No matter how strongly a person feels about having recovered, no matter how eloquent the protestations about “turning over a new leaf,” no matter how many genuine tears are shed seeking forgiveness, there’s no short cut to the actual work of rebuilding trust.

Everyone knows that, right?

The other side of it, though, which also seems equally self-evident, but often gets overlooked in the face of the pain is that the wounded party has to want to heal, has to want to find trust again. This too requires work.

It’s possible to bang your head against a wall for someone who appears only to relish the sight of you concussing yourself. It is impossible to heal, however, when the infliction of pain becomes the glue that holds the relationship together.

Betrayal and the Congregation

It occurs to me that many churches have been wounded, whether by promiscuous pastors who took advantage, or by unprincipled lay leadership, or by denominational neglect–or just because the organizational system was set up to fail. Whatever the cause, the first casualty of betrayal is trust.

Unfortunately, the lack of trust in wounded congregations is a self-destructive feedback loop of bitterness and distrust that inhibits healthy growth and creativity. Distrust in a congregational system treats all change as equally menacing, treats everything new (people, programs, ideas) as presumably hostile–until proven otherwise.

A trip to the store for bread and milk is always assumed to be a pretext for something else, something surely more nefarious.

A new Sunday School class can never be just a new Sunday School class; it’s an indictment of the other Sunday School classes or a new avenue for some hostile party to consolidate power.

A change to the worship service or to the worship space is either an attack on tradition or a play to increase the power base of some suspicious constituency–or both.

What gets communicated in a wounded system where trust has been lost is: “We’re not quite sure yet how you’re trying to screw us over, but we’re pretty sure you are. Therefore, we’re withholding approval and/or permission.”

Has your church lost trust? Here’s an informal checklist:

  • Do you regularly have meetings that last longer than 2 hours?
  • Do people bring dog-eared copies of Robert’s Rules of Order to board meetings?
  • Do you hear at least one reference to the Constitution and By-laws at every meeting?
  • Do people bring their own calculators and red pens to the meeting where the budget is being proposed?
  • Do you have meetings where there are arguments about whether everybody on staff “really needs their own stapler?”
  • Does rearranging the furniture in the narthex or switching brands of air freshener require board approval? (Bonus: If really bad, does it require congregational approval?).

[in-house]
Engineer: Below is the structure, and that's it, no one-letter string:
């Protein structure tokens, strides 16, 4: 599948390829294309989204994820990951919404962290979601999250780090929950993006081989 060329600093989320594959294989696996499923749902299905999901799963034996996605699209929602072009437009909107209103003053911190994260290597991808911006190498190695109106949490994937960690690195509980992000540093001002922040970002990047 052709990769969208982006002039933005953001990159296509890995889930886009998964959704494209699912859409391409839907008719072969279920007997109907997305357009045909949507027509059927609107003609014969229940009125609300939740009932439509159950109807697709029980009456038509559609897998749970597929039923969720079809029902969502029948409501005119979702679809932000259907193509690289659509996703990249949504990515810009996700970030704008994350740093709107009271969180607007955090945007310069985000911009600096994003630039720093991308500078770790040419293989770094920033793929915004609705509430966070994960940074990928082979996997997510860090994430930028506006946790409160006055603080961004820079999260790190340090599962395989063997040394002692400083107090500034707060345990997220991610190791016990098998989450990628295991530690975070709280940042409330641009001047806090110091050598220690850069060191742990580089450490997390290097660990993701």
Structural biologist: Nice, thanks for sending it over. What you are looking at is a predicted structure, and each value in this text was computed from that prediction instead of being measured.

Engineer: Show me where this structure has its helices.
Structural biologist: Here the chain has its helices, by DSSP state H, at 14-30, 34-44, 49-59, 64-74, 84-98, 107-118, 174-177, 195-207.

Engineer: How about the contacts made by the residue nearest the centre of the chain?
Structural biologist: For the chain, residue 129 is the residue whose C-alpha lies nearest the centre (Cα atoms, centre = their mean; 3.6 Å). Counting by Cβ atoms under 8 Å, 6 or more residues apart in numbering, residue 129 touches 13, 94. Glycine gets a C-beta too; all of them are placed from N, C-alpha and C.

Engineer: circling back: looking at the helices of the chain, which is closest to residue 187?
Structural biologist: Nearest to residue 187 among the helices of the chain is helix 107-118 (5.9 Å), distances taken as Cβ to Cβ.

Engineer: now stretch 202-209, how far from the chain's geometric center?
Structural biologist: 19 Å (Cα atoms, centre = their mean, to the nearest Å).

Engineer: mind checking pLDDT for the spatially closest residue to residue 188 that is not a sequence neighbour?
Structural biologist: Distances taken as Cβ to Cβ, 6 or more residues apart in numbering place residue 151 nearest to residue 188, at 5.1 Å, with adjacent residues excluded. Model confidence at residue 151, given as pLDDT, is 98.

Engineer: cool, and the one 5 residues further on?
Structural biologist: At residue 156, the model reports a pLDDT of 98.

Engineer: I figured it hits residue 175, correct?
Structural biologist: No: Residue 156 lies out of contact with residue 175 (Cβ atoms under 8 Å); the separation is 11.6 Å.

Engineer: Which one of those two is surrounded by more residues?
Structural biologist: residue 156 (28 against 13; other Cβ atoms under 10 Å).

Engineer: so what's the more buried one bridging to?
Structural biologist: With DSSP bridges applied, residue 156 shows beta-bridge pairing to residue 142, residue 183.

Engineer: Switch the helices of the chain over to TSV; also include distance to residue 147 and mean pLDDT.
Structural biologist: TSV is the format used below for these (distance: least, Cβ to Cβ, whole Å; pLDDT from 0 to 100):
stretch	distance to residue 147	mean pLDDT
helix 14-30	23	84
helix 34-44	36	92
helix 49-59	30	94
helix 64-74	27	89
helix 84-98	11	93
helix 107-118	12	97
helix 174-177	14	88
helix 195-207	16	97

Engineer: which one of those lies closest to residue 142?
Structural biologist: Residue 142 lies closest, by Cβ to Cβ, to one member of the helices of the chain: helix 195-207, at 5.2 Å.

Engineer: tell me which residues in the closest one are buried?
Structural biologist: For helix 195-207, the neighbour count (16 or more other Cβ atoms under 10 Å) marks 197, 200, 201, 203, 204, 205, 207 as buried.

• Do you have a lot of congregational meetings?
  • Does the announcement of a meeting elicit a particular kind of feeling in your stomach?
  • Do you keep an extra bottle of Rolaids in your car for use before meetings?
  • Does recruiting for congregational officers evoke anxiety not for a fear of who will say “no,” but for fear of who will say “yes?”
  • Do you require a doctor’s note from staff who call in sick?
  • Do you have people who regularly drive by the church to see if the pastor’s car is there?

How Can We Trust Again?

I wish it were easy. It’s not.

I wish I could point you toward “7 easy steps to recovering your trust.” I can’t.

It all comes down to this: a wounded congregation must make a decision to begin trying to trust again. You may get burned. But relationship is always a crap shoot.

How about this?

  • Be mindful that each positive step in which you don’t get hurt is a step in the right direction.
  • Call attention to and celebrate positive steps.
  • Give people the benefit of the doubt. Don’t enter every new situation convinced you’re going to get burned.
  • Assume people (even those who feel like the “enemy”) are telling the truth until you find out otherwise.
  • Don’t get into the habit of thinking of people with whom you share the body of Christ as the “enemy.” It’s too difficult to pull back from the precipice.

Even if trust hasn’t been restored, you’re going to have to live like it has. Until you can live together with a commitment to restoring trust, ministry, if possible at all, can only be tenuous and fragile.

And if all else fails, remember, it’s God’s church–not your’s (or your “enemy’s”).

Besides, trusting your enemy is just about impossible--although dying for your enemy has been done before.

Finding Excuses to Die: The Problem with Thinking It's about Everything Else

By Derek Penwell

(From the archives) 

Finding Excuses to Die

“It was great to see all those people there for Easter yesterday.”

“Pretty great.”

“Of course, and I hate to say it, there’s a part me that dreads Easter.”

“Well, there’s a lot to dread about Easter. It’s busy, and all those extra services. Easter’s tough on ministers.”